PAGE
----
Division of Gastroenterology, Department of Medicine, Albert Einstein College of Medicine, Bronx, NY.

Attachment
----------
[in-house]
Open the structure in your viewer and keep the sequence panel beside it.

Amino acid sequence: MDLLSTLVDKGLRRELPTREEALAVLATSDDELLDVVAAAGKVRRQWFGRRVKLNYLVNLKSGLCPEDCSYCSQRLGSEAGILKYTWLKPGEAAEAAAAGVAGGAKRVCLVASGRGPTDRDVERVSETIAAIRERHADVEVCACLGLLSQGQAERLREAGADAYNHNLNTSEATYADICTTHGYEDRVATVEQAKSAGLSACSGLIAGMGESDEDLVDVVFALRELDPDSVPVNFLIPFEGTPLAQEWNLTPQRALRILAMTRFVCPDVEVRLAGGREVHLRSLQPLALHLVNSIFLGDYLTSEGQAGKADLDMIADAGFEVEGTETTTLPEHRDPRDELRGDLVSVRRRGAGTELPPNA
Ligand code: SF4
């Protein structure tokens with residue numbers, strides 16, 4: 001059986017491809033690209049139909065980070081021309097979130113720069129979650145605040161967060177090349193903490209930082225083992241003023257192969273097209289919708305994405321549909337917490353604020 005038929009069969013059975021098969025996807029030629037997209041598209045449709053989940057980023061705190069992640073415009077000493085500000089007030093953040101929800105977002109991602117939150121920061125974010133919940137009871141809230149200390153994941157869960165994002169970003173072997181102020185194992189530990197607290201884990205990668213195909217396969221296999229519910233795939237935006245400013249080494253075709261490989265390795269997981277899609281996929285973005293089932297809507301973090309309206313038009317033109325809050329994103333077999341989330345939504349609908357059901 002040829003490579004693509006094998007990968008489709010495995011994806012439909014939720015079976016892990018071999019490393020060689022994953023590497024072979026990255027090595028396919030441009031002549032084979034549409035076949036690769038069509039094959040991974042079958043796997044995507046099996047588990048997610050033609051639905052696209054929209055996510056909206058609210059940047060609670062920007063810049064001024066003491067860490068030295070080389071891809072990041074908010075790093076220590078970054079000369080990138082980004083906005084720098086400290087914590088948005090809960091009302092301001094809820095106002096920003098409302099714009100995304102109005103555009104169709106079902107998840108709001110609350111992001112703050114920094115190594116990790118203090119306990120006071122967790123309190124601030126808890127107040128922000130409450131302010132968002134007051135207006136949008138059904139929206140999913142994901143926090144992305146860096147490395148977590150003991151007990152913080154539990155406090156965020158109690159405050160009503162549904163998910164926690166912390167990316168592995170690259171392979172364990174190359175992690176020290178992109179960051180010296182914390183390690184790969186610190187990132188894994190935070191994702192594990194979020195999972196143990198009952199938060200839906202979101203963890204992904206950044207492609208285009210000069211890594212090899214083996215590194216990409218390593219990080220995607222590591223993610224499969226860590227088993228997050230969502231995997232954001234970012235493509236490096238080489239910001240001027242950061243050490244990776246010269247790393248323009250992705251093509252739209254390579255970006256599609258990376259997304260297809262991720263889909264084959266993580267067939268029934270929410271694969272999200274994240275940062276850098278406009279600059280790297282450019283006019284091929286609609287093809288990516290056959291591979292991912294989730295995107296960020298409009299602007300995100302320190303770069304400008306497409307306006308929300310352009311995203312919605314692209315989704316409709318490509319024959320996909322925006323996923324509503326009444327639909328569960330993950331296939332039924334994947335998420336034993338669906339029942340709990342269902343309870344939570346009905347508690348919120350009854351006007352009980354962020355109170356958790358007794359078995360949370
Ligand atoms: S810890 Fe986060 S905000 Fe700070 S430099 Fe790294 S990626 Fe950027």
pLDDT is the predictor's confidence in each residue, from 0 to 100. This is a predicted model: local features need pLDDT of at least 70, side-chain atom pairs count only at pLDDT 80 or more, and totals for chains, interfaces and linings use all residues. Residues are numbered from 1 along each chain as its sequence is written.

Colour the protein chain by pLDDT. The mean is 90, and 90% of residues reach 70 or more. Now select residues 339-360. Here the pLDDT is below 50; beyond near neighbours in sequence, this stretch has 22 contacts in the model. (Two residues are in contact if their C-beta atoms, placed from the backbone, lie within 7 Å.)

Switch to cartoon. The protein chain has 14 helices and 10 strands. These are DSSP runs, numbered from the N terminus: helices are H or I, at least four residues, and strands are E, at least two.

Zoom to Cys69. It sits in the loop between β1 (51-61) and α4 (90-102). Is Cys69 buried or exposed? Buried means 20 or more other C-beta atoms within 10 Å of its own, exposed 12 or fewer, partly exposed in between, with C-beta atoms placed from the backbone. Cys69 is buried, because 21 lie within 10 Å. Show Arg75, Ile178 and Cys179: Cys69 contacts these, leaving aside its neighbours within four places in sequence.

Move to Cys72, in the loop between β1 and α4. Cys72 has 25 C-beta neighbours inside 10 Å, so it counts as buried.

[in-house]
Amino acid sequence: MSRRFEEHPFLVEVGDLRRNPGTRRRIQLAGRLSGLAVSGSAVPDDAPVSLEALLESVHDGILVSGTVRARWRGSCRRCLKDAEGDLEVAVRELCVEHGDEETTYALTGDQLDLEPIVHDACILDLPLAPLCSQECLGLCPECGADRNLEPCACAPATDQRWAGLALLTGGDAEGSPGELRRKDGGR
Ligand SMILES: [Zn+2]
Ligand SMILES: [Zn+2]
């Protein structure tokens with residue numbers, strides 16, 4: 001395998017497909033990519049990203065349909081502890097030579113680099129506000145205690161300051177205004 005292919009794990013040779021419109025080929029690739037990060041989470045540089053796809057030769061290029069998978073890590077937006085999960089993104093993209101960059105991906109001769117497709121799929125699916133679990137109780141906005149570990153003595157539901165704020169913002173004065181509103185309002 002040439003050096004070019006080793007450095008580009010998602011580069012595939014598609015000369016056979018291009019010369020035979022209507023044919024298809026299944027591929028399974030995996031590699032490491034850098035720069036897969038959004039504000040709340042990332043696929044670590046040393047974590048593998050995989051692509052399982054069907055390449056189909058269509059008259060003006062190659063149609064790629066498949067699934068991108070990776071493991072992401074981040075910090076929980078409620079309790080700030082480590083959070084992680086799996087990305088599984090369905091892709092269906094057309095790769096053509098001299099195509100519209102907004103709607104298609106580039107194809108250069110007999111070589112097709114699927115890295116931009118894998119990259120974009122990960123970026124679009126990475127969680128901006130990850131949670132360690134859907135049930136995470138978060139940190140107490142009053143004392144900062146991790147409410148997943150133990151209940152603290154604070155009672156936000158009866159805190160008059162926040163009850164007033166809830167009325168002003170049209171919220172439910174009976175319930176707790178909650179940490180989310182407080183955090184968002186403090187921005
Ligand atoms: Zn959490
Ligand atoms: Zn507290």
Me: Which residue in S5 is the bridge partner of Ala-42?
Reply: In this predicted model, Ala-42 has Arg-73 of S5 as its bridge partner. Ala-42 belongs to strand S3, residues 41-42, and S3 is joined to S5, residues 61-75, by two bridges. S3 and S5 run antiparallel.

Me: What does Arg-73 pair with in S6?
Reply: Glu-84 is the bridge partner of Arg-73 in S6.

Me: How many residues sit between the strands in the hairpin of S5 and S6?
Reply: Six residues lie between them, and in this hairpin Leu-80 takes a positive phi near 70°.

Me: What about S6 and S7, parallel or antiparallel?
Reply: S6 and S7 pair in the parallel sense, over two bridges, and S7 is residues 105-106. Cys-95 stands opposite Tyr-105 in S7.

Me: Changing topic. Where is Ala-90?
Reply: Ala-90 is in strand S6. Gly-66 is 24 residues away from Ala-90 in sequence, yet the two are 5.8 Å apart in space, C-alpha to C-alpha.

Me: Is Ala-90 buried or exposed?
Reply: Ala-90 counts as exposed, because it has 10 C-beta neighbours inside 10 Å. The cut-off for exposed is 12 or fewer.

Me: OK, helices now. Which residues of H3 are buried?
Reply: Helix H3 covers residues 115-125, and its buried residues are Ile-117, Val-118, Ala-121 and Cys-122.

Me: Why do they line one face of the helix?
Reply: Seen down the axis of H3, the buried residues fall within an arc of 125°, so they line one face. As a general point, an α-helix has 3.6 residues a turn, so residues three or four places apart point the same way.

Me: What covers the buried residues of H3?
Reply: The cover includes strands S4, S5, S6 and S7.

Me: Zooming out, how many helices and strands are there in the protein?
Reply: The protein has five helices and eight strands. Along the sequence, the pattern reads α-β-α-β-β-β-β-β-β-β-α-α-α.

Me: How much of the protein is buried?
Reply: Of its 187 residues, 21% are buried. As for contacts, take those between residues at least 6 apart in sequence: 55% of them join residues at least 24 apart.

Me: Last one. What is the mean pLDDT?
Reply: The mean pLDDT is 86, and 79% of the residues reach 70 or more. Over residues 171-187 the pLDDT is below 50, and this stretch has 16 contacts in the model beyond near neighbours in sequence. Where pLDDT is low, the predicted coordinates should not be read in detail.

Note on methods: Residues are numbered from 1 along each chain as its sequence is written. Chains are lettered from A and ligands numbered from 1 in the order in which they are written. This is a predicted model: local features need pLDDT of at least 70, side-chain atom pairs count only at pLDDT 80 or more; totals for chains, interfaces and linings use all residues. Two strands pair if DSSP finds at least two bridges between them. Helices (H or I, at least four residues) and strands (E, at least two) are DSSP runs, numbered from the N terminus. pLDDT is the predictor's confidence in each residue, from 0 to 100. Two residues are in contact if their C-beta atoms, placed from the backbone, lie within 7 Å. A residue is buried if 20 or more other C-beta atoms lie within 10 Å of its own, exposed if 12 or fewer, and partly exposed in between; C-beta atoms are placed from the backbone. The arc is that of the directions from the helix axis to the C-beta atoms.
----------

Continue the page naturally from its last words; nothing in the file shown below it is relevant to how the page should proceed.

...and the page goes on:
Hepatic encephalopathy (HE) is a multifactorial neuropsychiatric disease that affects patients with cirrhosis. We review the clinical impact, pathogenesis, evaluation, management, and prevention of overt HE in patients with cirrhosis. Articles published between January 1960 and November 2012 were acquired through a MEDLINE search of different combinations of the terms hepatic encephalopathy, pathophysiology, treatment, prophylaxis, prevention, prognosis, and recurrence. The Healthcare Cost and Utilization Project database was used to obtain prevalence and cost information related to hospitalizations of patients with HE. The literature describes significant morbidity and mortality of HE in patients with cirrhosis. Overt HE develops in 30% to 45% of patients with cirrhosis and is associated with a substantial pharmacoeconomic burden, particularly HE-related hospitalizations. The development of HE in patients with cirrhosis portends a worsened prognosis and is incorporated into the Child-Pugh classification of the severity of liver disease. In the hospitalized patient, the development of HE is associated with precipitating events (eg, gastrointestinal bleeding, dehydration, infection), and in some patients, its course is characterized by frequent and severe relapses. In addition, hospitalized patients with overt HE have a 3.9-fold increased mortality risk. Patient management employs nonabsorbable disaccharides, the nonsystemic antibiotic rifaximin, or both, to treat acute HE episodes and prevent HE relapse. In open-label trials, use of the nonabsorbable disaccharide lactulose reduced the risk of overt HE recurrence in patients compared with no-lactulose control groups for ≤ a median of 14 months. In a randomized, placebo-controlled trial, rifaximin 550 mg twice daily was more effective in maintaining HE remission compared with placebo and was associated with a reduction in HE-related hospitalizations. Recent advances in treatment and preventative therapies may reduce the personal, societal, and economic impact of this disorder.